Alloy wheels are an attractive and tempting proposition for car lovers – but is there any such thing as the perfect alloy wheels, and if so, what factors should you consider when it comes to choosing them? Let’s take a look.

Why do you want to fit alloy wheels to your vehicle? There are many reasons to want alloy wheels, from wanting to make the scene, driving along Portrush’s fantastic beach fronts, being seen and admired by all, to wanting your car to be lighter, more responsive and more fuel efficient. Your reason for wanting alloys will dictate the construction style you choose when you visit TSC for alloy wheels in Portrush

How It’s Made
There are, broadly speaking, three ways that alloys are made:

  • Cast: Hot metal is poured into a mould and left to set and cool. The cheapest method of manufacturing alloys, this way can sometimes cause quality control issues, which makes these wheels less ideal for heavy duty pursuits like racing and lengthy drives on poorer roads. However, they look fantastic, and offer a lighter weight than steel wheels, so they are perfect for the budget-conscious person looking for some motoring advantages and a great, stylish look.
  • Flow-Formed: These wheels are formed similarly to cast alloys in the beginning, but they are made a little smaller or narrower than the end product and stretched, using heat and high pressure rollers, until they reach the desired width. This heating and rolling process tempers the wheels, making them stronger. A great number of alloys are made in this way and the resulting wheels are sturdy and lightweight, better than cast alloys, but not quite as good as the superior forged alloys.
  • Forged: The lightest and strongest alloys, forged wheels are sturdy but also the most expensive. They are created by carving the alloys from a solid block of high-grade aluminium, leaving no possibility of weak places or flaws.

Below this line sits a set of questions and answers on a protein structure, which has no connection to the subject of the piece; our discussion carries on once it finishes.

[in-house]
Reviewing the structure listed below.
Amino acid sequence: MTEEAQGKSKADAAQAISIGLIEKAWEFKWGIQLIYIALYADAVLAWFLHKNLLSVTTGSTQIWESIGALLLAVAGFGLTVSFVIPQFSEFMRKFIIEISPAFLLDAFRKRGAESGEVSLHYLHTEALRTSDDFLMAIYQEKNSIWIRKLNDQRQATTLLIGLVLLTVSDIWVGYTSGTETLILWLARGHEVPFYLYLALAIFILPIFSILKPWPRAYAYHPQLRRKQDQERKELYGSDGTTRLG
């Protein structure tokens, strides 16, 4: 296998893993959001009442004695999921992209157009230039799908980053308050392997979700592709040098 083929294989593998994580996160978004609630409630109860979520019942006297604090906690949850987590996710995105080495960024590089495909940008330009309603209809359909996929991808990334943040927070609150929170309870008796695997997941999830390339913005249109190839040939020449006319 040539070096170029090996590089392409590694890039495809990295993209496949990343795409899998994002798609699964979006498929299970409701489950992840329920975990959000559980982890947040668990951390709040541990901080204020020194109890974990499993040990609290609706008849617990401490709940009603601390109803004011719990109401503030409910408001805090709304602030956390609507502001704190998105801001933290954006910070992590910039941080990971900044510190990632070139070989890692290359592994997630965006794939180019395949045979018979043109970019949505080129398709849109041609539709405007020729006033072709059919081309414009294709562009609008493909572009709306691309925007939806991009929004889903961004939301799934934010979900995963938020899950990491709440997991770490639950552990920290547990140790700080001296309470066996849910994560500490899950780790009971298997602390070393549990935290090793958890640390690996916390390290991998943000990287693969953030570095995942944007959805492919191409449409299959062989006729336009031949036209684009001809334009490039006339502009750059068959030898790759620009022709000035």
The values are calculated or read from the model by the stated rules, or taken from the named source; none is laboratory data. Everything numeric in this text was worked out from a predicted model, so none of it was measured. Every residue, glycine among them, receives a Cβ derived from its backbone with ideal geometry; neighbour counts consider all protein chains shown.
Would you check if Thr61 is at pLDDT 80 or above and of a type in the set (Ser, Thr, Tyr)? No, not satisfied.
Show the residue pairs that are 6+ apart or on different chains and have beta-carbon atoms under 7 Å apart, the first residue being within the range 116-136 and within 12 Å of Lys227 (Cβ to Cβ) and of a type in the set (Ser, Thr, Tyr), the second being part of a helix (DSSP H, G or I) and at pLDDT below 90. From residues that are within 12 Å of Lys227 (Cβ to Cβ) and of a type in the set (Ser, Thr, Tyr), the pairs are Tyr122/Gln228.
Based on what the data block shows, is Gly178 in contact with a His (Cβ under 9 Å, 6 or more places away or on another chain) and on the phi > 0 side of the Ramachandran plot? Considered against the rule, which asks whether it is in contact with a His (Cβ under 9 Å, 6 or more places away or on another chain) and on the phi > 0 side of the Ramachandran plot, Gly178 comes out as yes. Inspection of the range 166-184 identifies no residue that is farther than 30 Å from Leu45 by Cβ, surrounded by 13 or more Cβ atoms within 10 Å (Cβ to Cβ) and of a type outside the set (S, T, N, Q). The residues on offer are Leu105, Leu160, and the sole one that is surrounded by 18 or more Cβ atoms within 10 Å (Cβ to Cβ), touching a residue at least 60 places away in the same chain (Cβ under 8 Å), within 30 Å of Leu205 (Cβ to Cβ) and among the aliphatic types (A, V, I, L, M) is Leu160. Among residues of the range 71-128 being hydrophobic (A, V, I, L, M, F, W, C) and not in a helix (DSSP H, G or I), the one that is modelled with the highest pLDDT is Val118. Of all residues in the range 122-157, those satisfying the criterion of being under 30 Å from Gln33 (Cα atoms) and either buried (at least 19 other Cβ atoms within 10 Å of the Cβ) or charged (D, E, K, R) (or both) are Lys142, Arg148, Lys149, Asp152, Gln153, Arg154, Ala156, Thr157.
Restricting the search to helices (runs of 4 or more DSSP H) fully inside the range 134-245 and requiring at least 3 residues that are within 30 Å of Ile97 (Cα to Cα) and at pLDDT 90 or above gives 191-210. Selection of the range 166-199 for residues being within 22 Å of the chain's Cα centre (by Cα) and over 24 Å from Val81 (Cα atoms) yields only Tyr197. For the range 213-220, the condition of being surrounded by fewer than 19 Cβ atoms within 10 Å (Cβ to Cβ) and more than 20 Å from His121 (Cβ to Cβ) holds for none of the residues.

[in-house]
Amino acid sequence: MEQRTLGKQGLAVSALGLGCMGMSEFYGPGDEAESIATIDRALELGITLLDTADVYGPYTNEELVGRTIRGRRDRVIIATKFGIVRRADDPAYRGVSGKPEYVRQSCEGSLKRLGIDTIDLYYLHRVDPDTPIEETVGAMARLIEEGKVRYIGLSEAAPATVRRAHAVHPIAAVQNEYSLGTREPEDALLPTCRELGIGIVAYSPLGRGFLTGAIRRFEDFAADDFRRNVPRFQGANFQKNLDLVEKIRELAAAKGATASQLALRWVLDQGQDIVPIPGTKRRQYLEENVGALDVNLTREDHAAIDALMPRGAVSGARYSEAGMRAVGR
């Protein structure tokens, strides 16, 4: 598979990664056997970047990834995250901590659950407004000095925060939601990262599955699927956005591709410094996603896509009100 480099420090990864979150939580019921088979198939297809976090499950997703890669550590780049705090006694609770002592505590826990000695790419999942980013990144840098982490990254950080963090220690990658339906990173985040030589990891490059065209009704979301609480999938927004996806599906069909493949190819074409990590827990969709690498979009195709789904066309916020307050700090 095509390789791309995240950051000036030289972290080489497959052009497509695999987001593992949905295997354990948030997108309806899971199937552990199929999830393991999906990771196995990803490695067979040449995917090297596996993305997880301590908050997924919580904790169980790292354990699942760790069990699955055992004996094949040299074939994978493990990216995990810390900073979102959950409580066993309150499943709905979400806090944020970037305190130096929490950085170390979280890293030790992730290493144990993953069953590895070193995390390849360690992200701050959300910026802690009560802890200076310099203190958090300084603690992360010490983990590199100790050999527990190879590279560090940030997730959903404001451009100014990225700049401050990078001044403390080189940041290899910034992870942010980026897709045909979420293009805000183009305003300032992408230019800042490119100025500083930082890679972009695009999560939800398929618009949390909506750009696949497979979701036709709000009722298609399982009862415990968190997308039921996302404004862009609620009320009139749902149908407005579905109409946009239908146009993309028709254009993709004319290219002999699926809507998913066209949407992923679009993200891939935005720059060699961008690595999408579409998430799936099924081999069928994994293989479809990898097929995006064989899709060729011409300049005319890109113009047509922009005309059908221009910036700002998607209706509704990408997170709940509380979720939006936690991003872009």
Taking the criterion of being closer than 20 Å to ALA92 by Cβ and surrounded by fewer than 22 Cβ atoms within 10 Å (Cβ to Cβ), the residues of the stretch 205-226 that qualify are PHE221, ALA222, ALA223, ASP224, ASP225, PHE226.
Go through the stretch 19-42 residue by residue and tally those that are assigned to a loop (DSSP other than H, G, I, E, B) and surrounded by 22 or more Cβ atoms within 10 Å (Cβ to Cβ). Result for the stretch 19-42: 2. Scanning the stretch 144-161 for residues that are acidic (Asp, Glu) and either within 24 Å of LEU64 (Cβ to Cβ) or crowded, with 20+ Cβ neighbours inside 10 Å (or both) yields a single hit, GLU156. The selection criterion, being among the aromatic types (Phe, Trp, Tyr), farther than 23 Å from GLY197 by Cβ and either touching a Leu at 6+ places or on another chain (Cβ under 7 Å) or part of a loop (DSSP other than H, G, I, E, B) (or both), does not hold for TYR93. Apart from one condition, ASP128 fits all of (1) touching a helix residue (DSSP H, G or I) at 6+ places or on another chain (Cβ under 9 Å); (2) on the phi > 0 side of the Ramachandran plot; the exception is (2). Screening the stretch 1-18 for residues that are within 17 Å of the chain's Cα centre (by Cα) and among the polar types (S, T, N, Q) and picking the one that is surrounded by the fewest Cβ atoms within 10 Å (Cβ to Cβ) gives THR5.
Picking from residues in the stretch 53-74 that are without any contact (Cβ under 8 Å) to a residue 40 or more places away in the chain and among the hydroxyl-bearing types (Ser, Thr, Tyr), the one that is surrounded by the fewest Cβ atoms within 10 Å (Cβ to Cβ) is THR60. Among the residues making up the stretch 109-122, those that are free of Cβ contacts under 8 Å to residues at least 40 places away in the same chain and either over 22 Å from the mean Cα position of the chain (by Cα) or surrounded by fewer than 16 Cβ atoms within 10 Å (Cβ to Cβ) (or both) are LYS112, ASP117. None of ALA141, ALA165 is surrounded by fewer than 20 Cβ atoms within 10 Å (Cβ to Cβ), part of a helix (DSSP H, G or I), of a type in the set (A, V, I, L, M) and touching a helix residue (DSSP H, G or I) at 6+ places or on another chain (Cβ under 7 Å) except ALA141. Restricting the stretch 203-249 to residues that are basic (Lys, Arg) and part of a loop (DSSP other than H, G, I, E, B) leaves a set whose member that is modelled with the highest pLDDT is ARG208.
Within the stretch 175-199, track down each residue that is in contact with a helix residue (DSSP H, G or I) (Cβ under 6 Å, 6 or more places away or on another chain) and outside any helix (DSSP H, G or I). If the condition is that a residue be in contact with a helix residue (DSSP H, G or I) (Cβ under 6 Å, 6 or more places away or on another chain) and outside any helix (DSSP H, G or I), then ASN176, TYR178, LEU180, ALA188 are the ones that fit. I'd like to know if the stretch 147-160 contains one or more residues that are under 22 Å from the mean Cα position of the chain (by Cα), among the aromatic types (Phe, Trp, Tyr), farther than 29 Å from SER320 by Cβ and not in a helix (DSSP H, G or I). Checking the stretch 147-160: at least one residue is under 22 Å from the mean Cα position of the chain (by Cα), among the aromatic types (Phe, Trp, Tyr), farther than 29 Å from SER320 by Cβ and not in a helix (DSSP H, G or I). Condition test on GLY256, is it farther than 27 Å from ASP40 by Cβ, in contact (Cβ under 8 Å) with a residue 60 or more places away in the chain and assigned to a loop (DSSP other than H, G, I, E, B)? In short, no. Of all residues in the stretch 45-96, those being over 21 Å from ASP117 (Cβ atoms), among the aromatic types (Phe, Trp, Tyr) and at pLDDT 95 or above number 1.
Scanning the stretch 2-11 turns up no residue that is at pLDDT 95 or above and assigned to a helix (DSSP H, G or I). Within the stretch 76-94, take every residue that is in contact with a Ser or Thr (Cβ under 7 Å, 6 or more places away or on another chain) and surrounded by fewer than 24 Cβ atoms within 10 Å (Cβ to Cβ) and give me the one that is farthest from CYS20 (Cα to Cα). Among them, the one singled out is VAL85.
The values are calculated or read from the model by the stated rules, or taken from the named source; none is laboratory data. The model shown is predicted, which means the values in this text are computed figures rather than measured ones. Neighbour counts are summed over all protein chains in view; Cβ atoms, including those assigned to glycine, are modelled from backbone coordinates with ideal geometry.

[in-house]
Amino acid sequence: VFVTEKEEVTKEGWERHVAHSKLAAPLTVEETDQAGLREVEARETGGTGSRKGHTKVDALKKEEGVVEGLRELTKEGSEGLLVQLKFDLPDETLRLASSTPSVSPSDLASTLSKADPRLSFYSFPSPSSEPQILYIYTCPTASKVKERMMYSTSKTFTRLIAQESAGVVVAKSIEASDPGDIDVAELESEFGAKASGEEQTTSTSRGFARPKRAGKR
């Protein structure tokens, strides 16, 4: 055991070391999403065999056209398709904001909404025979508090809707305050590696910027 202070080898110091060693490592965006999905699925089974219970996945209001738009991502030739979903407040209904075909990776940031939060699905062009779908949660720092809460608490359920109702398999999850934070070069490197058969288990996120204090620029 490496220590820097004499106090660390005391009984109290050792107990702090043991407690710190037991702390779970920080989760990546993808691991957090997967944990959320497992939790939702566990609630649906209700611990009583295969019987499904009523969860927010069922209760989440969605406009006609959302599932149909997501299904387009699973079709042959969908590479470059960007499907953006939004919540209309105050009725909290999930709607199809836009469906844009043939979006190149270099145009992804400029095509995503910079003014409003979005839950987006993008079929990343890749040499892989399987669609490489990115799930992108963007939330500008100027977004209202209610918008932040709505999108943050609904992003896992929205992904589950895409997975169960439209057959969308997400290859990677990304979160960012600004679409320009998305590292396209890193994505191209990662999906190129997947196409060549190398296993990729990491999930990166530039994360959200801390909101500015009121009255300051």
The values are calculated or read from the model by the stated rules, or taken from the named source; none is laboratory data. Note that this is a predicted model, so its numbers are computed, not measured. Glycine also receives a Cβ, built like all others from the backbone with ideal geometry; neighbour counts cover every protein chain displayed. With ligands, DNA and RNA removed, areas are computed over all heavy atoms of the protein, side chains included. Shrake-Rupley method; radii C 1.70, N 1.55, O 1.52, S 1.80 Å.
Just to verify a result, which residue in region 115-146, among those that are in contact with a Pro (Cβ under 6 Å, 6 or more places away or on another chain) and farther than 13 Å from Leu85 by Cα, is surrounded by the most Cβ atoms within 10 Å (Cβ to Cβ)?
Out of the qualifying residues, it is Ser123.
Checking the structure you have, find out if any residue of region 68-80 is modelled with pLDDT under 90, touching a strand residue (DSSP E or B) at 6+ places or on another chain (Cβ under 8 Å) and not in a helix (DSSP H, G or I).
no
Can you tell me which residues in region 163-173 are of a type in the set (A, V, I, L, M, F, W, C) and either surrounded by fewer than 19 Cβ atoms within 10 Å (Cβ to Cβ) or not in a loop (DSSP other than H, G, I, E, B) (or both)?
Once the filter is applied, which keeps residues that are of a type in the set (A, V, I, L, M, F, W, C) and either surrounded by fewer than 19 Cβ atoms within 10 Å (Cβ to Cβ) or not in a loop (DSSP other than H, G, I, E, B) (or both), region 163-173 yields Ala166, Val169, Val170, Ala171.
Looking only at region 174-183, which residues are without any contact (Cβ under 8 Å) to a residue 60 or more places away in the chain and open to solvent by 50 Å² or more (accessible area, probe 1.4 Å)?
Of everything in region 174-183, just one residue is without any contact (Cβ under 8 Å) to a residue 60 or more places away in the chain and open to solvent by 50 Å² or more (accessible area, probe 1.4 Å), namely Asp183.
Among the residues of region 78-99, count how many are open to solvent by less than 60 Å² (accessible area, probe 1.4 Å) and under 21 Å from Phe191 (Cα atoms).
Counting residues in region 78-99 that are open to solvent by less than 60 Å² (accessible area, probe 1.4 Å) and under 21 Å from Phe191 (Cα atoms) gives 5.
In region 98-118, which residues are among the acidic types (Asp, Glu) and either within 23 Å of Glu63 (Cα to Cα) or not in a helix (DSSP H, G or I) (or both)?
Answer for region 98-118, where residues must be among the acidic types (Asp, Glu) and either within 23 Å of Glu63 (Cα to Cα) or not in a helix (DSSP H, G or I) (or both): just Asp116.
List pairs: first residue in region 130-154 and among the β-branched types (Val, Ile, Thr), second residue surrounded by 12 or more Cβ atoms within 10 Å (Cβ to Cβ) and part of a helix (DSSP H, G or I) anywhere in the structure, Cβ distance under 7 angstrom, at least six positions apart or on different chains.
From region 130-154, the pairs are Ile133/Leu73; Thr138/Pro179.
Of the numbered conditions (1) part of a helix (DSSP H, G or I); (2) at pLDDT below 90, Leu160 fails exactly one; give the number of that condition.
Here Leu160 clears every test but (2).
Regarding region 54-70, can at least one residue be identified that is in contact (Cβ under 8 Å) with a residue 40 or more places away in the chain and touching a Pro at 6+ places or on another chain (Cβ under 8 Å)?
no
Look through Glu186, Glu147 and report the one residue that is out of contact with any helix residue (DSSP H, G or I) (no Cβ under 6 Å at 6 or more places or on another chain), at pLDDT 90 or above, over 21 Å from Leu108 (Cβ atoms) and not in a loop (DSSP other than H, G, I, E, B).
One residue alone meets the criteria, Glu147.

The Cost
The three construction types listed above are displayed in increasing cost order, with cast wheels being the least expensive and forged alloys the most pricy. Which you choose will depend on your reasons for needing the alloys, as detailed above, but also on your own personal budget – is it better for you to invest in cheaper alloys now or to wait and save up for the best alloys on the market? Only you can answer that question.

Any Disadvantages?
Switching to alloys is sometimes decried as being an unnecessary extra expense which results in you having to drive on ‘weaker’ wheels. However, while alloys can be less strong than steel wheels, they are not by any means weak or unfit for purpose. The cost of alloys is undeniable, but as so often, the matter is not as clearcut as looking at the price at purchase point and considering only that – as discussed below.

The Advantages
Alloys are lightweight, which is instantly great for your fuel consumption – having to move less weight means the engine is burning less fuel and that the whole vehicle is experiencing less wear and tear. All of this means that you are saving money from the moment your ‘expensive’ alloy wheels are fitted. Alloy wheels also look fantastic – this is why they have become so popular with motorheads following their introduction into the racing industry: had they just been useful, they might have gained a small following, but it is the sleek, colourful image of alloys that has won hearts and minds everywhere in the UK, from London England all the way to Portrush, Northern Ireland!